Tuesday, August 2, 2011

Fiction With a Warning: One Decision

****This post may be disturbing to some readers. (Especially those sensitive to violence)****

Insert spacers so those who wish to avoid this post can do so.

I don't think any less of you.

Hope you don't think any less of me.

This is fiction. But...


It was just one decision and it took seconds to make.

It was crowded and the air hung thick with smoke, the kind of smoke that makes your eyes burn when they finally receive fresh air. The male to female ratio tipped heavily on the male side and the women, if you could call them that (and that would depend on your current age and perspective whether girls and boys would be more appropriate terms), were enjoying the attention and free libations that sort of ratio invited. Music twanged and the few with actual dancing skills were seeking out the few of the opposite sex with actual dancing skills.

It was the kind of bar that appealed to a wide demographic. Cheap beer specials brought out anyone from college students to grandparents. It was deceptively friendly.

She had enjoyed her fair share of free beer and booze. She hardly noticed when the same man bought her a second shot and moved to the table behind her and her friend. She and her friend hung out there the same day every week. It was familiar, the staff knew them and treated them accordingly. It was a honky tonk kind of Cheers, where everyone knew their names and their drinks.

The laughs came easy and the girls tried to hold in the first visit to the restroom as long as possible. "Once you break the seal..." they joked. Their acquaintances, while well-meaning, contributed to unwise decisions.

The two were best friends, similar in many ways (it turned out to be the ways that mattered then), yet brought up in two different worlds. They were at a time of life that they needed one another emotionally. They were growing into women together. They were together in spirit even when they weren't together, anticipating the next adventure they would conquer.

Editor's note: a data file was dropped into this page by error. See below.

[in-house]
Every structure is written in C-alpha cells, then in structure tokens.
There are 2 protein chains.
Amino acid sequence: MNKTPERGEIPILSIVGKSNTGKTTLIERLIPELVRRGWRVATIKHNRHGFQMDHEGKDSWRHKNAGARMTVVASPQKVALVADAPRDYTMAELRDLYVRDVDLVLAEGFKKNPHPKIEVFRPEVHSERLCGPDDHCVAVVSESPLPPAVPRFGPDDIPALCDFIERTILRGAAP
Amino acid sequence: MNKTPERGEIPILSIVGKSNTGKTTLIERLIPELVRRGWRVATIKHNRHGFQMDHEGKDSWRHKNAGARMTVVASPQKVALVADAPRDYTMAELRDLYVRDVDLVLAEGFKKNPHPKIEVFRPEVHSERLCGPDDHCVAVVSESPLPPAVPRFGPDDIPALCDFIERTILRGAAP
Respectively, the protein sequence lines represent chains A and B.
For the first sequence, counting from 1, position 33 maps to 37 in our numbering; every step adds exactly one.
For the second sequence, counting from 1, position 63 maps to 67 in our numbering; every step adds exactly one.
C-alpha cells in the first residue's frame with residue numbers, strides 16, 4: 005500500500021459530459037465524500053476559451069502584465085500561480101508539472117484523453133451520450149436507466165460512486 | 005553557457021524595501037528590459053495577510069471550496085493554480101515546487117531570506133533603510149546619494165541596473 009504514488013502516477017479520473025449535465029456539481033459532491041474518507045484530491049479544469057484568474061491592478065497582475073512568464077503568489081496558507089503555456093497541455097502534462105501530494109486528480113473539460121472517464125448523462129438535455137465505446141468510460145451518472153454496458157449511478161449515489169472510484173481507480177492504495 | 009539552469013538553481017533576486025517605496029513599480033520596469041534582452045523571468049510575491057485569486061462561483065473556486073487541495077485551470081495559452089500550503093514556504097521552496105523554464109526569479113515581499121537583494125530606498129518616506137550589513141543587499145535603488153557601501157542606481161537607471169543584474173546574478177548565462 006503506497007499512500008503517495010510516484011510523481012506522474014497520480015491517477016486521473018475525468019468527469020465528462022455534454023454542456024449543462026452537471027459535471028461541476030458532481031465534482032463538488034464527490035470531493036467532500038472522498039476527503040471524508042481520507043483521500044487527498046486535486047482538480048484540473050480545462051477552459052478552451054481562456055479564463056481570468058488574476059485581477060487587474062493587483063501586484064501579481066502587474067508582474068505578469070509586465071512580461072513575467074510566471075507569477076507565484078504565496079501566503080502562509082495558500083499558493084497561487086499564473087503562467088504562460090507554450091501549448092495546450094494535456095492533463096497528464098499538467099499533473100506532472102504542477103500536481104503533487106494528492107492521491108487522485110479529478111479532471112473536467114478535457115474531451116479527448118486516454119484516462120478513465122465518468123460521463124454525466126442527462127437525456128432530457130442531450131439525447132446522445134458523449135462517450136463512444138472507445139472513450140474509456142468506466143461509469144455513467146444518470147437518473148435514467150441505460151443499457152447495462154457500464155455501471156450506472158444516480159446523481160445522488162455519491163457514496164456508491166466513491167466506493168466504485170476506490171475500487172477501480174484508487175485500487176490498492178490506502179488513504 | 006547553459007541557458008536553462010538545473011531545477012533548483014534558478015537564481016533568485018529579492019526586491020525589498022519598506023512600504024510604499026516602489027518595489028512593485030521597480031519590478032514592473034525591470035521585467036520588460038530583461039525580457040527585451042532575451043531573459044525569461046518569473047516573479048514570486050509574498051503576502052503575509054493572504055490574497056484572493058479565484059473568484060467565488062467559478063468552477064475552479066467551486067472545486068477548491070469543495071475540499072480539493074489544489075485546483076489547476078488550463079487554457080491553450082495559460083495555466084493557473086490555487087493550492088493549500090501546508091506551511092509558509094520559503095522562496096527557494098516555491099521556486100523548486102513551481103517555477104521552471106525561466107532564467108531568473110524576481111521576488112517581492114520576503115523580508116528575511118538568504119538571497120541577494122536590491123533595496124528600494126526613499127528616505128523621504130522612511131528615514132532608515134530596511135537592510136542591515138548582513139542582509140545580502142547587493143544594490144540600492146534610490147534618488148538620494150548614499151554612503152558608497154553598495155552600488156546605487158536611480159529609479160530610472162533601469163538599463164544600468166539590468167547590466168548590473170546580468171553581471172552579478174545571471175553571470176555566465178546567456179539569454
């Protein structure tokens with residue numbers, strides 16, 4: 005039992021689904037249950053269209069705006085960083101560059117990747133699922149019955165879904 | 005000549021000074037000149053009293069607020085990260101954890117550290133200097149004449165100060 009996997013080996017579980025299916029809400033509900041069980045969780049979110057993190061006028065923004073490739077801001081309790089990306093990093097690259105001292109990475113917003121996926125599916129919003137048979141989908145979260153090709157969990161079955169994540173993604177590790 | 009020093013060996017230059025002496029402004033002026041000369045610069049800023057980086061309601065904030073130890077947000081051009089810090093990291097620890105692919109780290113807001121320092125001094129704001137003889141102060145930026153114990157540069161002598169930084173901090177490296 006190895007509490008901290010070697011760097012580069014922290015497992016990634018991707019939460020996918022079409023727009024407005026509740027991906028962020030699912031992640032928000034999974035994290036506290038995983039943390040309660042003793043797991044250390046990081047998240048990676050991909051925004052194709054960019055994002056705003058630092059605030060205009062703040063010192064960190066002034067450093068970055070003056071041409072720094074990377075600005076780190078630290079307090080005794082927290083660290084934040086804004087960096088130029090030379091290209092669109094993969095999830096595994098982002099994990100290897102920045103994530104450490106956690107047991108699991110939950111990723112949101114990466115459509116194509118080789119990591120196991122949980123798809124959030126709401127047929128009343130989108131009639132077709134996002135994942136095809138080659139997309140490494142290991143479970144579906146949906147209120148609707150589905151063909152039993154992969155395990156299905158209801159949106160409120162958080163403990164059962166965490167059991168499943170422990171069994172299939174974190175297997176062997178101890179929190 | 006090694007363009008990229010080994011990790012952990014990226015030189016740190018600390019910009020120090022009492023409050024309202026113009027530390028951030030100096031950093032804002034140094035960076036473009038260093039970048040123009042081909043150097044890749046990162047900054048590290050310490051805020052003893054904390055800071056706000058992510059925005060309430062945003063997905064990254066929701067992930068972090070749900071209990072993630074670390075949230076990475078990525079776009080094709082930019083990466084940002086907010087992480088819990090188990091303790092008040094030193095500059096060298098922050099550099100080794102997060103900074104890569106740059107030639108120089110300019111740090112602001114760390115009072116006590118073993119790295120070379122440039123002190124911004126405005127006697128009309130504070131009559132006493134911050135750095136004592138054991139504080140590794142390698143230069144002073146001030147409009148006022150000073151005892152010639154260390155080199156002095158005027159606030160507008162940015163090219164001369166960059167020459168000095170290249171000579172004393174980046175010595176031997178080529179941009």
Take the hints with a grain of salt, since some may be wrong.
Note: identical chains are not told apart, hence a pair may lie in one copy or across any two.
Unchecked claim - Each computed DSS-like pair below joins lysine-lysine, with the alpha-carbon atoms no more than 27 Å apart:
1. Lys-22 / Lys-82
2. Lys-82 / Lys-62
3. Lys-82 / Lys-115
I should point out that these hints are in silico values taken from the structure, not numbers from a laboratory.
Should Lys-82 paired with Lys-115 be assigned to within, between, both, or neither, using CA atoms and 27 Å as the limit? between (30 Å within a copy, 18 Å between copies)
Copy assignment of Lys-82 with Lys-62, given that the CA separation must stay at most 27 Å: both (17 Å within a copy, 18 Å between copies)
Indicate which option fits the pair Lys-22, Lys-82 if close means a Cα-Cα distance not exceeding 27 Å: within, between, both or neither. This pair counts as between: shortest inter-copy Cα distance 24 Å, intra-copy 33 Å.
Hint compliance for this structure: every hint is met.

They looked out for one another. They teased one another. They understood one another. They were a partnership before some people made the word mean something different.


So it was unusual for them to leave separately. And they shouldn't have. But when one must return home and the other seems reluctant to leave the party, arrangements can be made hastily without consideration of consequences.


She felt uneasy the moment he turned into an unfamiliar apartment complex. She reminded him she didn't live here and gave him her address again but he laughed and said he needed to get something from his apartment. Her head was spinning by that point so she followed him blindly into the building, hoping she wouldn't hurl on the sidewalk.

He unlocked the door and pushed it open. It was a typical bachelor's place, complete with bare walls and hand-me-down furniture. It seemed clean enough and she decided to sit on the sofa before she fell over. He was somewhere in the apartment, she heard him rummaging in the refridgerator and the clink of what she assumed was a beer bottle. Seconds later she heard the toilet flush.

It occurred to her that he didn't seem to be there to gather anything and he seemed to be settling into his apartment rather than getting ready to depart again. At the same time, the room was spinning against her wishes. She tried to stand but fell back on the sofa.

It was then, even in her incapacitated state, she realized she may have ingested more than alcohol.

Then he was there. Sneering. Or maybe smiling. His face had blurred beyond recognition. Then he was holding a half-empty bottle of beer and unzipping his pants with the other hand. It was clear she wouldn't be arriving home anytime soon.

She protested. He laughed and called her a tease. She hit. He held her hands down with surprising ease. She gave in, thinking she deserved this. She'd consented to this situation. She hated herself.

Her insides burned with the dryness. She thought of her friend and hoped she'd made it home okay. She thought of her own stupidity.

She fought to stay alert and simultaneously wondered why she wanted to be awake for it. He grunted and she thought of a hog.

It was an eternity in 10 minutes. Maybe five.


It was months before she would admit to herself what had happened. To label it. The "R" word was frightening, dirty. It made her feel disgusting and ugly. She had already felt ugly. She'd spent an hour or more in the shower that morning when he finally took her home. Once she labeled it she stuffed it deep inside her and tried to avoid it.

She drowned it in beer and wine and booze (but never Jaeggermeister, never again Jaeggermeister). She imagined she saw him in bars everywhere she went. She was wreckless with her heart and her body and her emotions. She punished herself almost daily for making the wrong choice even though she knew that others would say it wasn't her fault.

She knew. She'd made the choice.

1 people like me!:

Chelle said...

Very well written. Very scary yetsadlycommon tale

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